Malignant wounds: Innovative tool helps clinicians assess severity of symptoms


Clinicians should aim to improve the symptom management of malignant wounds, particularly in cases of advanced cancer. One proposed tool to do this is the Toronto Symptom Assessment System for Wounds (TSAS-W). In a pilot study, TSAS-W demonstrated that malignant wounds were the most symptomatic class of wounds.

Key Points

Toronto - Clinicians here have developed a tool to assess the severity of symptoms caused by malignant wounds, and they urge other clinicians to use the tool to treat malignant wounds in patients.

The Toronto Symptom Assessment System for Wounds (TSAS-W) is a patient-completed questionnaire that assesses the pain and polysymptom burden of all wound classes, including malignant wounds.

"Malignant wounds are classic examples of nonhealing wounds," says Vincent Maida, M.D., a palliative medicine specialist at the William Osler Health Center in Toronto and assistant professor at the University of Toronto.

In an interview here at the World Union of Wound Healing Societies, a global meeting of woundcare specialists, Dr. Maida says clinicians should strive to improve the symptom management of malignant wounds and other wounds, as they severely reduce a patient's quality of life.

In a prospective pilot trial, TSAS-W demonstrated that malignant wounds were the most symptomatic class of wounds, and occurred in 14.2 percent of cancer patients. Breast cancer was the leading cause of malignant wounds, accounting for 47.1 percent of all malignant wounds. Pain was the most common and severe symptom experienced, followed by exudation, mass effect, esthetic distress, odor, pruritus and bleeding.

Wounds involving the perineum and genitalia had the highest degree of symptom distress, as measured by the global wound symptom distress (GWSDS), generated by summing all 10 TSAS-W parameters.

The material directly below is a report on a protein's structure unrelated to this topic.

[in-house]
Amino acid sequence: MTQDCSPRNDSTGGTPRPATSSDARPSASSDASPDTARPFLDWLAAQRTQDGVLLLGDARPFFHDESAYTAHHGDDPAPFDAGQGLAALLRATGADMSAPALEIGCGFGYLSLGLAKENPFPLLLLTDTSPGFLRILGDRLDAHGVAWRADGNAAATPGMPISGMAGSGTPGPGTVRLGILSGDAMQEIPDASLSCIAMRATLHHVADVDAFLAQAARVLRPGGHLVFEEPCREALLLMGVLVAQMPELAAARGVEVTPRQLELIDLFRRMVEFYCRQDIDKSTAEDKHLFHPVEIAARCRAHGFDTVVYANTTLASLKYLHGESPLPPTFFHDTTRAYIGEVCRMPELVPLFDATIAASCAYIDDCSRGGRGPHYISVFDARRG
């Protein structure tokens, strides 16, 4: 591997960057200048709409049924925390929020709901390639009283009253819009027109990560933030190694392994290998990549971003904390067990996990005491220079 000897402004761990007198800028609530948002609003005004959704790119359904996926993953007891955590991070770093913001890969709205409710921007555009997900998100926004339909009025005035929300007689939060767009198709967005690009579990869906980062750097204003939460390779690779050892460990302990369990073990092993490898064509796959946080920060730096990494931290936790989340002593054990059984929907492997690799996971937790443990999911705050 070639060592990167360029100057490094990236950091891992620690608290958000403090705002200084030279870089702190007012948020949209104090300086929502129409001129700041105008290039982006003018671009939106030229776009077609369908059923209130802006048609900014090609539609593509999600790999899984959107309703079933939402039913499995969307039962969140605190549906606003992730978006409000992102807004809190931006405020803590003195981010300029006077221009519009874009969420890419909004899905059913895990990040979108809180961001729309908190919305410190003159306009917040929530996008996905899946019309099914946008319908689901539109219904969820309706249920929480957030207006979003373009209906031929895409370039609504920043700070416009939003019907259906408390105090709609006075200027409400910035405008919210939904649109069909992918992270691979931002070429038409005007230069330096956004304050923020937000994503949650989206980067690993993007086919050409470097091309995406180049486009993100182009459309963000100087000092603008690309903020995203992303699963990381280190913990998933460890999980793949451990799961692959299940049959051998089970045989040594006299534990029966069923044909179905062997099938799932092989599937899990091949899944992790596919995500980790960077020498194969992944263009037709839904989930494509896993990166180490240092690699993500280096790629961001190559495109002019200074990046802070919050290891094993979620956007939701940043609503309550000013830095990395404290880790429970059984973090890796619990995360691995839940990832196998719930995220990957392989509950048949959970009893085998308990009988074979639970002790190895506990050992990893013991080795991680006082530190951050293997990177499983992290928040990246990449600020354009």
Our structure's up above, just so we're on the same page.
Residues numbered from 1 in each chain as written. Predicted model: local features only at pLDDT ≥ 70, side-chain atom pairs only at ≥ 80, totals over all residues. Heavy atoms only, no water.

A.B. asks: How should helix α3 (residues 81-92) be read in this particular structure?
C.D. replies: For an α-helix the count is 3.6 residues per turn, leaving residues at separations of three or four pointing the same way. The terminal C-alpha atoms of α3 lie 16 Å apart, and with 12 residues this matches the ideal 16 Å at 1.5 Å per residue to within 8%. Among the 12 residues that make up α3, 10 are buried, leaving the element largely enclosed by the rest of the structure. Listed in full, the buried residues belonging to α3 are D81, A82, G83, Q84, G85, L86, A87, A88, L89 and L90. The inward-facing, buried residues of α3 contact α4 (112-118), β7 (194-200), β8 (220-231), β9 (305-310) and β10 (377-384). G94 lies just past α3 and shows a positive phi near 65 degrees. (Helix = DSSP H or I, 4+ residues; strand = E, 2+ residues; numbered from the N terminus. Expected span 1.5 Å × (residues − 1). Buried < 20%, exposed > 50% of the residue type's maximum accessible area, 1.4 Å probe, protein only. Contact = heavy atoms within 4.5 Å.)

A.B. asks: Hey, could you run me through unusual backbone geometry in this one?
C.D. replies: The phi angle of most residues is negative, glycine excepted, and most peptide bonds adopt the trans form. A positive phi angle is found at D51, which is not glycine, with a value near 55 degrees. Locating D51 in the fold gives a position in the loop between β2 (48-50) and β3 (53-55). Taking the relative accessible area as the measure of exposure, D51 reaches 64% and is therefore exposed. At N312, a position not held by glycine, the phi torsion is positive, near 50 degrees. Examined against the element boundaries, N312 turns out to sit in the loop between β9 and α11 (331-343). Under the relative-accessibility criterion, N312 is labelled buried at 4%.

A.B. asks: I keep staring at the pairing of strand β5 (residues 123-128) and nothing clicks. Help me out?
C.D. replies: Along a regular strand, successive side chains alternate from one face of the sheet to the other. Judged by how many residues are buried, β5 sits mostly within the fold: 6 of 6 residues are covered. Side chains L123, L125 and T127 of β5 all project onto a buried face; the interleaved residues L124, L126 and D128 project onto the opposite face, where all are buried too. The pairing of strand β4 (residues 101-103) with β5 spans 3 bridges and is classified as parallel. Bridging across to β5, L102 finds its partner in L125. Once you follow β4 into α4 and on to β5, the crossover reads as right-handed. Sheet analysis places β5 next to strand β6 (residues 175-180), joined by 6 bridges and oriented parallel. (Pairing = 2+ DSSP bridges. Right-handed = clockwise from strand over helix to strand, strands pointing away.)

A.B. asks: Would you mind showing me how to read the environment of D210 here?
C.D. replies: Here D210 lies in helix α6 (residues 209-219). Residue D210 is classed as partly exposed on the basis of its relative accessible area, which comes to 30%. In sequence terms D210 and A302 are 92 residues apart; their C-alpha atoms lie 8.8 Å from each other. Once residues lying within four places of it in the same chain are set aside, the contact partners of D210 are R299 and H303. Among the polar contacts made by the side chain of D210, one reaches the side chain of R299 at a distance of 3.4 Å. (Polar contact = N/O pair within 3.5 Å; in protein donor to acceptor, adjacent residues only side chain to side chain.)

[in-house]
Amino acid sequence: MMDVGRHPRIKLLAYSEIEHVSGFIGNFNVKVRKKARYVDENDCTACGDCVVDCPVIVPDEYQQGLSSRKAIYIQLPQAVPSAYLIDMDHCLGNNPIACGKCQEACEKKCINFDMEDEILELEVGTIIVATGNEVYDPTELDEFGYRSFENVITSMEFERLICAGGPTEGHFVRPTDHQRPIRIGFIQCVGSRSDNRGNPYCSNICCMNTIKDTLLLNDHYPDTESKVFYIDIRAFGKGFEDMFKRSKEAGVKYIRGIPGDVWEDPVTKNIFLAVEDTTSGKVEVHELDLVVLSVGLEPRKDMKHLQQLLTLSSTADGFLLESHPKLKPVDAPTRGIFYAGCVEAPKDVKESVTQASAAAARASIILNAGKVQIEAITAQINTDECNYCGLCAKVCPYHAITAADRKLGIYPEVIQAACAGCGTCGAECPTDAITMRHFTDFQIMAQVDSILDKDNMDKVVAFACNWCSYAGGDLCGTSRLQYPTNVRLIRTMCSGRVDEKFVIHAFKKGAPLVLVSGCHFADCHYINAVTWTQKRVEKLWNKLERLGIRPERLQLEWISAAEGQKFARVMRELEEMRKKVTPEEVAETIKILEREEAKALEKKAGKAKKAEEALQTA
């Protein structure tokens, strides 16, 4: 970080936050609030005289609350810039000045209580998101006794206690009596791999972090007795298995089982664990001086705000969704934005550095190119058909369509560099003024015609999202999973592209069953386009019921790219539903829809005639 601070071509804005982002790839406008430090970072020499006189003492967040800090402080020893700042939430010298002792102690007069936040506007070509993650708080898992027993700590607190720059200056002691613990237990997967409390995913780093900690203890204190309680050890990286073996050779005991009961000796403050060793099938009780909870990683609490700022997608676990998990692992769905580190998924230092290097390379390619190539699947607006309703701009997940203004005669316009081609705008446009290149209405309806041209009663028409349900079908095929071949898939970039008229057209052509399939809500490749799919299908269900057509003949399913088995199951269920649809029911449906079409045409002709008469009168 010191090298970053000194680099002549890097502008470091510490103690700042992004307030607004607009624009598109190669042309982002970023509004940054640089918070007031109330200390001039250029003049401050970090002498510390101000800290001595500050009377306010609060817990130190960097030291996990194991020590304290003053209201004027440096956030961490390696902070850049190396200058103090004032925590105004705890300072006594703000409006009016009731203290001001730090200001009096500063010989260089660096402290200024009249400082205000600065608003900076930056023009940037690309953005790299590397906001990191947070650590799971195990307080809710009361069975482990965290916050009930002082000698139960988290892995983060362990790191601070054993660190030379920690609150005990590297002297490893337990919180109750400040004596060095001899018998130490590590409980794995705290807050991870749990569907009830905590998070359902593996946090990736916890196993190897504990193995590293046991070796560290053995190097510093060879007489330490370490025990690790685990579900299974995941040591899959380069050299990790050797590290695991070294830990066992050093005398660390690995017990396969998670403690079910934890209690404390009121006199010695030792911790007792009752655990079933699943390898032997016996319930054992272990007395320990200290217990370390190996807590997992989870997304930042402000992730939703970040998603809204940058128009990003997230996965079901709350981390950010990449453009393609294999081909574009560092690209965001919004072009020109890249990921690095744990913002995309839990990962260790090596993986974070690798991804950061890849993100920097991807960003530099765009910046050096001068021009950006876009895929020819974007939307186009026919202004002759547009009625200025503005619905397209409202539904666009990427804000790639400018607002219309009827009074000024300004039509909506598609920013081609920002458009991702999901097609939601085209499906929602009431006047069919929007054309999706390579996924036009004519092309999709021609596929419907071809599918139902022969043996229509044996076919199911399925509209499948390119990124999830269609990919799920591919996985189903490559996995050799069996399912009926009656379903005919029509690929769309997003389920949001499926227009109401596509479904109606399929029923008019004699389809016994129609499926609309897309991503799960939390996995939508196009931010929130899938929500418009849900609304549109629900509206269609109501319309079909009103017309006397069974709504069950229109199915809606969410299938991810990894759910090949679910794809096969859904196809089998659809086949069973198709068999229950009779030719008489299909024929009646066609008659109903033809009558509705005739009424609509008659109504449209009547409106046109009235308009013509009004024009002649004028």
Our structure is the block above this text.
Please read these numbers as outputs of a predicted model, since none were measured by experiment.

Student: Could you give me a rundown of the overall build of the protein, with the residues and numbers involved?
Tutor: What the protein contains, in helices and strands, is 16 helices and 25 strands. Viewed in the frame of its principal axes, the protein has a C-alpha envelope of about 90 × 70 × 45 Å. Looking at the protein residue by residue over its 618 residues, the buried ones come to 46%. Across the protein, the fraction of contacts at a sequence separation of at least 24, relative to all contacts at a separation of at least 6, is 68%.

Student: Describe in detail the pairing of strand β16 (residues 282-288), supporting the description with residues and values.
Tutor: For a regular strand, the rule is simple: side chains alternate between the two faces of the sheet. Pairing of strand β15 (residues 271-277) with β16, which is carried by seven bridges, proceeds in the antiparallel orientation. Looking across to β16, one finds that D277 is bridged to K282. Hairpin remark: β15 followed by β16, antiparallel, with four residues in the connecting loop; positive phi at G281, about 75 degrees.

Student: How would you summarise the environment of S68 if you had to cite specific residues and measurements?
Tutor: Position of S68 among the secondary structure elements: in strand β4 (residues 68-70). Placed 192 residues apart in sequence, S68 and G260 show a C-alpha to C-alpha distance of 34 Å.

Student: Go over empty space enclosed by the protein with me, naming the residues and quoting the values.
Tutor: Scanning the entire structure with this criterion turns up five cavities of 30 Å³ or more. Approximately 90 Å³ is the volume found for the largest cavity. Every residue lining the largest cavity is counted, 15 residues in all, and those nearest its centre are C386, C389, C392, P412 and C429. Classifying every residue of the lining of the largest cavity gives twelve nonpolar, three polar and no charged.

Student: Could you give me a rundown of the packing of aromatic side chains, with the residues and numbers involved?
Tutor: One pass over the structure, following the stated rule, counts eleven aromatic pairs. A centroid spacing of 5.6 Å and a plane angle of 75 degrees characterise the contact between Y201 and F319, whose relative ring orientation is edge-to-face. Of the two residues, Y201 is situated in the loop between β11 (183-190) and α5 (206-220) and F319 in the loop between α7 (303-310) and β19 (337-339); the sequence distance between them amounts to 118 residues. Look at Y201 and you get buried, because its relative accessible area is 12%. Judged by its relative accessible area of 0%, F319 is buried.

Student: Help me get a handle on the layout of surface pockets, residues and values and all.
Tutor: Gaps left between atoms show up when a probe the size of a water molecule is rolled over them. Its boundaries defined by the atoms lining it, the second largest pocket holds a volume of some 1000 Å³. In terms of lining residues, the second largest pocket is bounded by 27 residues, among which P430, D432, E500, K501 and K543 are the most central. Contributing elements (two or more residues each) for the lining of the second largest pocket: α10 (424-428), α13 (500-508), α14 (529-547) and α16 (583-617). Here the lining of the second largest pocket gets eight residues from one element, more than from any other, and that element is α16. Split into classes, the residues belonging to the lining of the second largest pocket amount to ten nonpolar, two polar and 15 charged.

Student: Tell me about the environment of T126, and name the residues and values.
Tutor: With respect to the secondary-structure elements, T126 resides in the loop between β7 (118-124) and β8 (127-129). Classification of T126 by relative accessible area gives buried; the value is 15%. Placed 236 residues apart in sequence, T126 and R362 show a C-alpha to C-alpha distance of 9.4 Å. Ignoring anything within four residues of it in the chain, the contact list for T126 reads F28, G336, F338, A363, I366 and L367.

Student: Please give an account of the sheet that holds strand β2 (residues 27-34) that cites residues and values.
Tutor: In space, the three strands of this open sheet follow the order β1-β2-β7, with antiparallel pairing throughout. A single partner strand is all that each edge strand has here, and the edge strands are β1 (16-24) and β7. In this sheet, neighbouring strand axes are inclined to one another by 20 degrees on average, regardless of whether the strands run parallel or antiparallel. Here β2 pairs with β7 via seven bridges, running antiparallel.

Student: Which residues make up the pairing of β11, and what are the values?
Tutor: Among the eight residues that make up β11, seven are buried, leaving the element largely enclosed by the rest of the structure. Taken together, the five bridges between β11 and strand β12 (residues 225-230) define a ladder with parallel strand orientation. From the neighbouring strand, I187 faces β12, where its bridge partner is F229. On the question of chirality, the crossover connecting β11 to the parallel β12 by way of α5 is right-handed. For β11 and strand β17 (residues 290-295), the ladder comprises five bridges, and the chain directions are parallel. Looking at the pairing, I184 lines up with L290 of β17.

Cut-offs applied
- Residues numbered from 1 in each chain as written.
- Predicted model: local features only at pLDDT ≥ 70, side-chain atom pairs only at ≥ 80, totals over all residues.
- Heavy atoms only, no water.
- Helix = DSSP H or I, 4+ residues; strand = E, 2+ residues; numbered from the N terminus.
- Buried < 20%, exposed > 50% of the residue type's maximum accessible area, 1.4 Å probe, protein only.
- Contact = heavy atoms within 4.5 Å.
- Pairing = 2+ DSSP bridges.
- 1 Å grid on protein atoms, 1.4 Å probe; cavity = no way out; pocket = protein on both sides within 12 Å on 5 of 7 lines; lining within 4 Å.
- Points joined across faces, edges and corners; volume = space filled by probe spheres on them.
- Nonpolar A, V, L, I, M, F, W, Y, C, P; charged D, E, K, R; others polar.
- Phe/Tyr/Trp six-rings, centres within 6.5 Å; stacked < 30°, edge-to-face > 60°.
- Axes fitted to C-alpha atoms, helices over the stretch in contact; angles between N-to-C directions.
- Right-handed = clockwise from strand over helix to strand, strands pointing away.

"We currently don't have tools to help us track our progress and guide our treatments," Dr. Maida tells Dermatology Times.

"TSAS-W may allow for this, as well as facilitate clinical audits. Furthermore, it may also facilitate research in wound pain and symptom management," he says.

The broad range of wounds, along with high rates of prevalence and incidence identified in this study, reflects that wounds represent a significant management issue for patients with advanced illness.

Dr. Maida says there is a need for advancement in modalities and measures aimed at risk assessment, prevention and goal-oriented management.

ALM of the foot

One of the subtypes of melanoma that is not well understood is the acral lentiginous melanoma (ALM) of the foot.

In a review of 26 cases that were found in a register at a large tertiary care hospital, Ivan Bristow, M.Sc. (Oxon), a lecturer at the University of Southampton School of Health Professions and Rehabilitation Sciences in Southampton, England, and his colleagues identified 19 females and seven males with ALMs. Patients were ages 38 to 96.

The typical location of the lesions was in the plantar area in about two-thirds of instances (65 percent). The average time of patients recognizing a lesion to seeking medical advice was 13.5 months. The mean thickness of lesions at diagnosis was 3.55 mm. Patients described experiencing symptoms such as bleeding, ulceration and color changes.

ALMs occur, on average, in patients over 60, and there is usually a delayed diagnosis associated with ALMs, according to Mr. Bristow, a member of the advisory board of the Journal of Foot and Ankle Research. The delayed diagnosis has been associated with a poorer prognosis.

"There are increasing numbers of patients who present very late," says Mr. Bristow, noting the tumor is uncommon and is a tumor that particularly affects the feet.

"We need to increase awareness around this type of melanoma so that is it is recognized earlier, when the tumor is thinner," he says.

Interestingly, nearly a quarter (23 percent) of ALMs had been misdiagnosed as lesions such as diabetic foot ulcerations, fungal infections, warts and other foot pathologies. ALMs can have varied presentations, Mr. Bristow says.

"They can masquerade as something else to the untrained eye," Mr. Bristow says. "Some clinicians may see it as a lesion that they want to debride. It can have a varied presentation."

Indeed, ALMs are often caught in a visit to the podiatrist, Mr. Bristow says.

"They are usually discovered accidentally by a podiatrist and thought to be a trauma that has occurred on the foot," Mr. Bristow says.

In many instances, Mr. Bristow says, the patients might have been to see several healthcare providers before receiving an accurate diagnosis of an ALM.

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